Having the Chargers and the Rams relocate to Los Angeles could be the most ideal scenario for the league, as well, as it would bring one AFC West team and one NFC West team to Los Angeles, so that the geography of the current divisions still work and each of the conference's television broadcasters (currently CBS and FOX) would get a team in the country's second-biggest media market.

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Rapid Reaction: Chargers 20, Chiefs 17

September, 25, 2011
SAN DIEGO -- A look at a game that was much closer in the end that it should have been.

What it means: The Chargers need to learn the create separation between themselves and their opponents. They dominated this game, but the Chiefs came back in the fourth quarter. The Chiefs had an opportunity to try to tie the score with a field goal in the final minute before San Diego safety Eric Weddle sealed it with an interception off a poor decision by Chiefs quarterback Matt Cassel. San Diego is now 2-1. The Chiefs fell to 0-3.

Tomorrow’s talker: There could be some hope for the Chiefs. They played much better in the second half offensively. The Chiefs didn’t convert a first down in the first half. It was the first time that has happened in the NFL since December 2009, according to ESPN Stats & Information. Yet, Todd Haley’s team did not lay down Sunday. That has to be encouraging.

Trending: San Diego quarterback Philip Rivers has thrown two interceptions in all three games this season. He has never thrown three interceptions in a game. His highest season interception total is 15. Rivers is playing well, but he has been far from perfect.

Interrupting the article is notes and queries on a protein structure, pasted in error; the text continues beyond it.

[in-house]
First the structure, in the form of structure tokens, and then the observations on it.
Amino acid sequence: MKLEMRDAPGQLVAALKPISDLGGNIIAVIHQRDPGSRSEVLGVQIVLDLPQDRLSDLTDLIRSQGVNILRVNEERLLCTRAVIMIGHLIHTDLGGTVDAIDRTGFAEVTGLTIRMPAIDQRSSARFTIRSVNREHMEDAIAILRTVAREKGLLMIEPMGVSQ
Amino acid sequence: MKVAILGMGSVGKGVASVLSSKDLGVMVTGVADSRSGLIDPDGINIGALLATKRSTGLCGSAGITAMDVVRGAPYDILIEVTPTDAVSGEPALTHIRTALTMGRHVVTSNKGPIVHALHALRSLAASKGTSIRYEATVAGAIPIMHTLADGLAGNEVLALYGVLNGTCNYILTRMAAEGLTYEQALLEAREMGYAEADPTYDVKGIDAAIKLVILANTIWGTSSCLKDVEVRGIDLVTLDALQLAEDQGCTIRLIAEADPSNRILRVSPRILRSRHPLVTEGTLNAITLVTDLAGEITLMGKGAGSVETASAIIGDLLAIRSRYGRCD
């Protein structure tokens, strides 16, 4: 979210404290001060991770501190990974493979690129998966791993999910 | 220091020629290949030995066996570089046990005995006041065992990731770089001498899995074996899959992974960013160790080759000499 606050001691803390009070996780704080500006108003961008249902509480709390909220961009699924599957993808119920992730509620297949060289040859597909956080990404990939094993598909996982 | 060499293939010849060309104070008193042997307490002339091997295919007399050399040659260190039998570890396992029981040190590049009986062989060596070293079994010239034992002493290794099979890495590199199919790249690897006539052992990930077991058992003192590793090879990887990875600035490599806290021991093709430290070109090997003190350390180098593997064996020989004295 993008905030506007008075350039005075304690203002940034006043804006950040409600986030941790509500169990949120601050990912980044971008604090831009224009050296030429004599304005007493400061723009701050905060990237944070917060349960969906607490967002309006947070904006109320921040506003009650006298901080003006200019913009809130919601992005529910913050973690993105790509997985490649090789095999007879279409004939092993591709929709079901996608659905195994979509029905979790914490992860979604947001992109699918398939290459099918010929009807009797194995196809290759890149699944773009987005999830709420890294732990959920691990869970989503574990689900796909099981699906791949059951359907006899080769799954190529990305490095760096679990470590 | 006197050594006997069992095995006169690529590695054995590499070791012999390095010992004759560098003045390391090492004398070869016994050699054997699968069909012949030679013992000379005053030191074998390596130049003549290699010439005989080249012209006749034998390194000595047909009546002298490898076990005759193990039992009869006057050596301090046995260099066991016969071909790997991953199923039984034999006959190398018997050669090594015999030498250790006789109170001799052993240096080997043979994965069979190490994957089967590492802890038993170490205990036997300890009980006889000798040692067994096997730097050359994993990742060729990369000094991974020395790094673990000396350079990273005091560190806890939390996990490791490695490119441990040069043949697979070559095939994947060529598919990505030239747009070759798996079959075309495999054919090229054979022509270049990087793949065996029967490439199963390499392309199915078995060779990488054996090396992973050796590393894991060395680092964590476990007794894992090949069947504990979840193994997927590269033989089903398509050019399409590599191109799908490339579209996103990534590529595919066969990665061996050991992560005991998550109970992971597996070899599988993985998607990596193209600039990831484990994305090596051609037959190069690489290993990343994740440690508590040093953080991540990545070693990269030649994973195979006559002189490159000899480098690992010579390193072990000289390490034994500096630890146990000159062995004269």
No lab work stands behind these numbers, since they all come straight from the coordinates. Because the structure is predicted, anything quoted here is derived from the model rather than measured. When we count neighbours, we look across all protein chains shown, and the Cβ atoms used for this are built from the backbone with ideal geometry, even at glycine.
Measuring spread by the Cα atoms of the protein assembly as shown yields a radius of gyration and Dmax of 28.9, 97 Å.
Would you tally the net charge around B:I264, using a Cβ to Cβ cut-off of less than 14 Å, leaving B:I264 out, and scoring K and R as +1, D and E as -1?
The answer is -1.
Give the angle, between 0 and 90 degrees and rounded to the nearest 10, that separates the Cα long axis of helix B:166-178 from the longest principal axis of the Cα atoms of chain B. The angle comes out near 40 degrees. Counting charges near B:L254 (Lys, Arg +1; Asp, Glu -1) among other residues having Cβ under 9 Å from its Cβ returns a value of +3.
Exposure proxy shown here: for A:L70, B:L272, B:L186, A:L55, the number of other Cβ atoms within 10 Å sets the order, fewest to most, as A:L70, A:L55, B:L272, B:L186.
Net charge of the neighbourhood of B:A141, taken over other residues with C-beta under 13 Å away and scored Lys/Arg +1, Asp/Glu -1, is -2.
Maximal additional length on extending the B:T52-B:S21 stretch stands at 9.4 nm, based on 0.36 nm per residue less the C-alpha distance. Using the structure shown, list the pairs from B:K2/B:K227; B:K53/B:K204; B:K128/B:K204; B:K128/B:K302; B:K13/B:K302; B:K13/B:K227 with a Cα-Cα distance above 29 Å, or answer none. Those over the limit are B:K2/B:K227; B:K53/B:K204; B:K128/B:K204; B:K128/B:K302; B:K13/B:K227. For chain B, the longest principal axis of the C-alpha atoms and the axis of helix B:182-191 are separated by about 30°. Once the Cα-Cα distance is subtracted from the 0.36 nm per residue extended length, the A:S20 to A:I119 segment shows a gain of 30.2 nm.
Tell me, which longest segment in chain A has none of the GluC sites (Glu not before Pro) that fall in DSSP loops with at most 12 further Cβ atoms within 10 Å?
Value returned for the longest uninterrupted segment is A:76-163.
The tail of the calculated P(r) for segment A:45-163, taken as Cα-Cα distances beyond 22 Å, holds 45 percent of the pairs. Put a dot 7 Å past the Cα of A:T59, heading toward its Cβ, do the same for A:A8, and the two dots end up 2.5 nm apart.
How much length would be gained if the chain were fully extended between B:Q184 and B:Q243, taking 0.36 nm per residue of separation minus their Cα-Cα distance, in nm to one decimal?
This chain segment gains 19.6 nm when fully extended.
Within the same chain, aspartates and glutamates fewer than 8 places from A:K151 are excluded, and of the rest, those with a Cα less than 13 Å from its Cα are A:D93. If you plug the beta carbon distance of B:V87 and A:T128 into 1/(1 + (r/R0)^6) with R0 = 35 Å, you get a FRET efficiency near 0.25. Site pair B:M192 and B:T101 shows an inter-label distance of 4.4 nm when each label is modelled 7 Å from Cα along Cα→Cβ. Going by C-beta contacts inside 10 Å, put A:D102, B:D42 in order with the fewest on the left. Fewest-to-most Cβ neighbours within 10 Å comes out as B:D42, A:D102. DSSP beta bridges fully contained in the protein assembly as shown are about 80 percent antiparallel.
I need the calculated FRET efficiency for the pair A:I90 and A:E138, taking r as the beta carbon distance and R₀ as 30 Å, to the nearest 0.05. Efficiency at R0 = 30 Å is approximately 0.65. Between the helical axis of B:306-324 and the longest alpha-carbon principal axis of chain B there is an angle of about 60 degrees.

Mathews’ maturation: San Diego running back Ryan Mathews is a much better player in his second season than he was last year. He had 98 yards rushing and added 51 yards receiving. He is running with a lot of confidence.

What’s next: The Chargers host winless Miami on Sunday. Barring a meltdown, the Chargers should emerge from the first quarter of the season with a 3-1 record. That would help quiet the worry over slow starts under Norv Turner. The Chiefs go back home, looking for their first win when they host former star defensive end Jared Allen and the Minnesota Vikings. It will be the first time Allen has played against the Chiefs since they traded him in 2008.

L.A. keeps eye on Vikings' stadium fight

September, 20, 2011

AP Photo/Jim Mone
The groups competing to bring the NFL back to L.A. are keeping a close watch as the Minnesota Vikings’ ownership fights for new stadium funding.